The other big change to Control Center is the new layout. Previously Apple placed all controls on a single view, but in iOS 10 Control Center now uses a PageViewController to place the toggles and settings on one section, and the music and Airplay audio output controls on the other. This allows Apple to increase the size of controls that were difficult to hit, such as the sliders for music playback and brightness. However, they've made some very questionable decisions with the size of buttons. I don't understand why Night Shift needs such a giant button when it's still just a toggle like the four buttons below it. This situation gets even more ridiculous on the iPad, which still uses two separate pages and just has comically large buttons in both sections. There's no reason the controls couldn't have been fit onto the screen at once, and UIKit's PageViewController class provides a really simple way to achieve exactly that functionality when space permits.

What is nice about the larger buttons is that you'll rarely have issues hitting the music controls. Having the second page dedicated to music means that the scrubber and buttons can be much larger, with more spacing between to prevent tapping the wrong thing. Control Center also remembers your last page so if you generally use toggles or music more it will remain positioned on that page when you bring it up again. As far as usability goes, the new Control Center is a definite improvement. I prefer the new aesthetic as well, but I find some of the size and layout choices to be questionable, especially on the iPad.

The same design changes that you'll find to Control Center and notifications exist across the entire OS. Views that were previously rectangles that bordered the edge of the screen are now floating rounded rectangles, which I generally refer to as cards even though Apple hasn't really given them an official name. The use of translucency has also been toned down in a manner of speaking. Areas that used VisualEffectViews still do so, but Apple has changed many to use the more opaque ExtraLight transparency style rather than the Light or Dark styles. In fact, everything seems to have moved up a step, with the use of Dark VisualEffectViews being almost entirely removed except for a certain part of the Maps app, having been replaced with Light views, and Light views being replaced with ExtraLight.

The design of iOS 10 still traces back to the original design principles put in place with iOS 7, but with a level of refinement that simply wasn't possible with the rapid redesign that Apple did in 2013. iOS 7 really pushed its design to the edge, with gratuitous use of transparency, no shadows, no textures, no gradients, and nothing but thin lines to separate the various parts of the interface. iOS 10 recognizes the value of separating different views into different sections, and in doing so makes it clear which objects can be interacted with and which are static.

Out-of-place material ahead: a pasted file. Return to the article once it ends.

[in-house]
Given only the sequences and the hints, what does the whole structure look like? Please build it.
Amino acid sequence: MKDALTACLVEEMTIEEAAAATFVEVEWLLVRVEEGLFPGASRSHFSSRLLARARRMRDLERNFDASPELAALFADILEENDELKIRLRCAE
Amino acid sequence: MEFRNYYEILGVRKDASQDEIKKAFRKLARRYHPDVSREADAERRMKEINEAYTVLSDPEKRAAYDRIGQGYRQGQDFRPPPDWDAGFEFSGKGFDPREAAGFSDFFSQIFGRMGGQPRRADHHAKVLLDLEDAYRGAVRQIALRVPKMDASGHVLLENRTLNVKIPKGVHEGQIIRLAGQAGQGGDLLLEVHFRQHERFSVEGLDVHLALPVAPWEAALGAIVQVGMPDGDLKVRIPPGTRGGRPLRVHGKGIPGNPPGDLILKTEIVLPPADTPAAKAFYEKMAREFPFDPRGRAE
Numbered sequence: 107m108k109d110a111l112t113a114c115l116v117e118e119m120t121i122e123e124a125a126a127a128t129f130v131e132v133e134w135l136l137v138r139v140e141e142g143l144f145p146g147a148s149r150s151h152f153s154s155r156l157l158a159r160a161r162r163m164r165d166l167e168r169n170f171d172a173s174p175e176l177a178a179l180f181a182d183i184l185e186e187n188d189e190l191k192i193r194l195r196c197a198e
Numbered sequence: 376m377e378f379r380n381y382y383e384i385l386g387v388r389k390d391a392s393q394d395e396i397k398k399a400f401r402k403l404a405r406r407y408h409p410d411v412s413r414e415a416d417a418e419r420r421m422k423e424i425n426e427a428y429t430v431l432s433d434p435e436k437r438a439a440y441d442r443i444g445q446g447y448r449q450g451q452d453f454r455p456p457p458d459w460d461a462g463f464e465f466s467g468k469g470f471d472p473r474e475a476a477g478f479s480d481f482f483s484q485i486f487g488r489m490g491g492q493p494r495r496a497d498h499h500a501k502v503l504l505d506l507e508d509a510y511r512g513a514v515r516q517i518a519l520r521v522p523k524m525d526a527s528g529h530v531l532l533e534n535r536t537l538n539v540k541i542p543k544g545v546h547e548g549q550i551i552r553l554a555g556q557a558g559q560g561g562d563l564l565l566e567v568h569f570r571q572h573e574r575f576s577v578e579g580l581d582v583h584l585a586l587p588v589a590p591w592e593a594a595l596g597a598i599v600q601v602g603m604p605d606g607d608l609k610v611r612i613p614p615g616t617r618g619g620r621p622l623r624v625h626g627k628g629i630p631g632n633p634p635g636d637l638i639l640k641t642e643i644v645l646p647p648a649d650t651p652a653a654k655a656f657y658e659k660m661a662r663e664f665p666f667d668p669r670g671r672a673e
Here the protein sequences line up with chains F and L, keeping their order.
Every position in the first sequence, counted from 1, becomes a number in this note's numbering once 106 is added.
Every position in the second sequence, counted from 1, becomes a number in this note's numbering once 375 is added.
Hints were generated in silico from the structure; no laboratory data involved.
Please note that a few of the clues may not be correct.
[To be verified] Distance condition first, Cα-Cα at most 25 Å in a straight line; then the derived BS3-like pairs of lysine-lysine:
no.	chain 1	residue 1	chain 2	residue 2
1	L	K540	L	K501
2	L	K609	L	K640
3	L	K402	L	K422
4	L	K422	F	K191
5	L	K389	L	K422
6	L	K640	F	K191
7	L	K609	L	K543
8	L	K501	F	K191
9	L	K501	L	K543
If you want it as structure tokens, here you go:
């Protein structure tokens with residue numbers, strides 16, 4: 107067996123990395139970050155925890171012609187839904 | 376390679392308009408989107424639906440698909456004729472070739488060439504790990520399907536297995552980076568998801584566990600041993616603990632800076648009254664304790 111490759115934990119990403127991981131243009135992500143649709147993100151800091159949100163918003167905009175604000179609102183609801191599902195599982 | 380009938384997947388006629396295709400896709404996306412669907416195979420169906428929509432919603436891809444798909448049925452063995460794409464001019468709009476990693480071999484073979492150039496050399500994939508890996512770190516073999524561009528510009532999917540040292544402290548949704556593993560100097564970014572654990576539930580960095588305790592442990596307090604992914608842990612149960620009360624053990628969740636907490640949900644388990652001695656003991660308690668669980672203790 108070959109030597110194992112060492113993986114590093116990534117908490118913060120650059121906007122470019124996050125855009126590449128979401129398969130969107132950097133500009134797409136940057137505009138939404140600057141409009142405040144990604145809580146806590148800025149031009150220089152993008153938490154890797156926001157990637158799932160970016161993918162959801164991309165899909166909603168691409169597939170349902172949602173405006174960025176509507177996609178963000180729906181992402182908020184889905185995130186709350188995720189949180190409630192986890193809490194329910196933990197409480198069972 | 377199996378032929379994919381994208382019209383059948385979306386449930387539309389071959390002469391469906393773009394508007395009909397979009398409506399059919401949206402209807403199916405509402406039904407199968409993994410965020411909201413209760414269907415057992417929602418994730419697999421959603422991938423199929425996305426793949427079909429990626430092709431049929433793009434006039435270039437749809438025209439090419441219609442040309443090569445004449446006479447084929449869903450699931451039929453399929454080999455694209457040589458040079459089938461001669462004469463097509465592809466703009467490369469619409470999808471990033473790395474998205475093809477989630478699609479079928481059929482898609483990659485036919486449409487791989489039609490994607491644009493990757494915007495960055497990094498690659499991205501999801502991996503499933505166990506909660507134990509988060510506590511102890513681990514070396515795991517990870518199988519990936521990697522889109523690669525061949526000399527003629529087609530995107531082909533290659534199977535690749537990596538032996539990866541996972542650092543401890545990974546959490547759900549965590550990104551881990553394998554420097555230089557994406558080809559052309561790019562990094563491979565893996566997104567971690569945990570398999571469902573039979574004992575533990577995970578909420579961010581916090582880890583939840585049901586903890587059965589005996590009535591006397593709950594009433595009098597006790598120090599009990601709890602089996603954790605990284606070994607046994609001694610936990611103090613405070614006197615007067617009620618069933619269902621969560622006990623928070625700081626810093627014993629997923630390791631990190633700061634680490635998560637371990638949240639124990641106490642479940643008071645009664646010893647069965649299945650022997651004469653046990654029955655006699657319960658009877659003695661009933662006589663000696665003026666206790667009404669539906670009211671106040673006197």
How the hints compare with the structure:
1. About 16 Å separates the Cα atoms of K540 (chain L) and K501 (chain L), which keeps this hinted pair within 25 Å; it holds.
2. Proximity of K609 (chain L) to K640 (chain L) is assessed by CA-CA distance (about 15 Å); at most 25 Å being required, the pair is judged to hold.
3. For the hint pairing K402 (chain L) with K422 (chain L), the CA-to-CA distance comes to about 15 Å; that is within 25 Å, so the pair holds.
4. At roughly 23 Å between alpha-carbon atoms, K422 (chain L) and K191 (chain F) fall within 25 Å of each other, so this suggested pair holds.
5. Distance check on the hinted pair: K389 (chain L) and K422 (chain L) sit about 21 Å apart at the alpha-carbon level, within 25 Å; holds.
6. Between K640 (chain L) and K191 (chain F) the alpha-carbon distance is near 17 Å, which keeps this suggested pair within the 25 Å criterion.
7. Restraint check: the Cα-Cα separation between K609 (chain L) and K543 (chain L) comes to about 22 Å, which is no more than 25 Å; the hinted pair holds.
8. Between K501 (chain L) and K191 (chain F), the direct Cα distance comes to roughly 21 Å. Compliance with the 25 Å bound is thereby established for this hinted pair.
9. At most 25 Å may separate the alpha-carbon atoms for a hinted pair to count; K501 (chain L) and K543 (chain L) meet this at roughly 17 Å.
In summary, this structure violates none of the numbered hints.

Introduction Expanding Widgets and 3D Touch
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  • Agent Smith - Tuesday, September 13, 2016 - link

    What's the release date? Reply
  • tipoo - Tuesday, September 13, 2016 - link

    Today. Reply
  • tipoo - Tuesday, September 13, 2016 - link

    Interesting about scrolling performance, I wasn't sure if I was imagining it wasn't all it used to be. Great that Apple admitted and addressed it. Reply
  • sonicmerlin - Tuesday, September 13, 2016 - link

    Exactly. I thought I had noticed a tiny bit of judder while scrolling in safari on my 6S.

    I'm really glad to see Apple noticed this and put a lot of effort into fixing it. It may not seem like a big issue, but this is one of the biggest reasons I can't stand Android. The garbage collection hiccups and lack of pixel perfect smooth scrolling, especially while browsing heavy web pages or zooming in out and out of google maps, drives me nuts.
    Reply
  • Ranger1065 - Wednesday, September 14, 2016 - link

    That has to be one of the most pathetic examples of 1st world problems I've read. Reply
  • milli - Wednesday, September 14, 2016 - link

    Reminds me of many years ago when I had a Nokia N8. Its Symbian OS had much more features than what an iPhone had back then but ... the iPhone had smooth(-er) scrolling and looked prettier.
    We all know what happened. For humans: looks > usefulness
    Reply
  • Brandon Chester - Wednesday, September 14, 2016 - link

    Performance is a feature. Reply
  • close - Wednesday, September 14, 2016 - link

    @milli. Because 5000 years of history showed that humans look *ONLY* for objective characteristics in anything and the iPhone somehow managed to break the pattern.

    @Ranger1065. Whatever *YOU* want or like can be considered a first world problem by someone else, right down to the fact that you're here complaining about what other people want or like.
    Reply
  • Ranger1065 - Thursday, September 15, 2016 - link

    LoL Reply
  • rangerdavid - Thursday, September 15, 2016 - link

    This. Reply